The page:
Book 8, part 2. The Rites of Love (2006)
There was a game called Rucheyok, for example. Young people lined up in pairs, one couple after the other, took each other’s
hands and raised them high, forming an arch overhead. To start with, boys were paired with boys, girls with girls. The first pair — or anyone left without a partner — would go to the end of the ‘stream’ and, bending over, pass under the arch of raised arms to the head of the line.
Those passing through the ‘stream’ were not supposed to lookup. They were to slap somebody’s arm at random, thereby selecting him or her as a temporary partner. Whoever was selected followed suit, and the two of them then stood at the head of the line of couples. Those left without a partner went to the end of the line and chose a new partner in a similar fashion.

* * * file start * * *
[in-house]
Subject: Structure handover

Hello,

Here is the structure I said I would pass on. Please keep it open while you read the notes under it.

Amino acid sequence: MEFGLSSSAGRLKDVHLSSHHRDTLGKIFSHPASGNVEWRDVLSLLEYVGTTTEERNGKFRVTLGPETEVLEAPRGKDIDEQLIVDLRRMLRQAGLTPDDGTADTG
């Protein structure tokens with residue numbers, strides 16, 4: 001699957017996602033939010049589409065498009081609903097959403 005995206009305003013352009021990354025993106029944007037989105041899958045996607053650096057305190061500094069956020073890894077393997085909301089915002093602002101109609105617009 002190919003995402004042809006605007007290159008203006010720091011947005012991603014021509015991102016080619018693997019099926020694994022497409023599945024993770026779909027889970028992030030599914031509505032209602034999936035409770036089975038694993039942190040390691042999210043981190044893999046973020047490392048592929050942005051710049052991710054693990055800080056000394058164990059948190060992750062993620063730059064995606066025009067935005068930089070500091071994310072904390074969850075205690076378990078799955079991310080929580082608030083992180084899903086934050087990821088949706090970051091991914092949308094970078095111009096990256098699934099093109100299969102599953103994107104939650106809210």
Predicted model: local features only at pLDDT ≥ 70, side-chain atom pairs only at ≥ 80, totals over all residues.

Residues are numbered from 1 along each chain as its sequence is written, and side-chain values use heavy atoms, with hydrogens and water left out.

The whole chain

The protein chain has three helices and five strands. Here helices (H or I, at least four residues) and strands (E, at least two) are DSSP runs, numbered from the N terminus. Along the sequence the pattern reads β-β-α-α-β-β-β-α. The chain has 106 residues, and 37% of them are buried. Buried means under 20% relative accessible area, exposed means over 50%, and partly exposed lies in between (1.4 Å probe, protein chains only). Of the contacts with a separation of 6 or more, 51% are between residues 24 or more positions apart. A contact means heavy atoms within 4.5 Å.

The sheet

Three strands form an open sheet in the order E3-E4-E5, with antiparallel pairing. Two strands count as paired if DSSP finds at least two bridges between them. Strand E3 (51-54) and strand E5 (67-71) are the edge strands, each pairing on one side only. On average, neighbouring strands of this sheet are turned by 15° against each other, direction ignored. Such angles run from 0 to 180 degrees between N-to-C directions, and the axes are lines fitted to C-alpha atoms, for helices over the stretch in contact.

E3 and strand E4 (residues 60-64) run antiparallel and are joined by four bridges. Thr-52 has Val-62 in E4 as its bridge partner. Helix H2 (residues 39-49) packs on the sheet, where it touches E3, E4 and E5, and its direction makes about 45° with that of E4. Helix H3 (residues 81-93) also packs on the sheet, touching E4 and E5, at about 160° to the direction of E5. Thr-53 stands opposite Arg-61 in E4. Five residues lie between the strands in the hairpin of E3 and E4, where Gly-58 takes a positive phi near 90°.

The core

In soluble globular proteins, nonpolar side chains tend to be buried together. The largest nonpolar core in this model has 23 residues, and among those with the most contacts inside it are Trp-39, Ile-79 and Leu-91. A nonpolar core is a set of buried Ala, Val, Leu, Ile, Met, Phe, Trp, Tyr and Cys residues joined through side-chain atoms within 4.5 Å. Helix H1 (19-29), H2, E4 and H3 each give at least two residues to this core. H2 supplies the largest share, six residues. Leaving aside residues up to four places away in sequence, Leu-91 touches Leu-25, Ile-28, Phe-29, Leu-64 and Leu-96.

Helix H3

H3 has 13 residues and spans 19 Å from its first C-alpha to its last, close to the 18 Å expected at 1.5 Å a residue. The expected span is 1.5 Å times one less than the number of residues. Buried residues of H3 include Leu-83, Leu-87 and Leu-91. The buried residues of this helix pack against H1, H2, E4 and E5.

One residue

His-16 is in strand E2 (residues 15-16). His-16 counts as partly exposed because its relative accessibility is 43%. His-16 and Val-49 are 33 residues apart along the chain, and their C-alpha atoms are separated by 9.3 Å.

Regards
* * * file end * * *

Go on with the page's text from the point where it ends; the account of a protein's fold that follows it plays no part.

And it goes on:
The game was simple, but think about it, Vladimir: upon clasping hands for the first time, the young people could convey a great many feelings for each other without words: recognition, gratitude and love, or, on the other hand, revulsion. As the game went on, the couples switched, and it was easy to compare which pair of hands held the most pleasant feeling for you.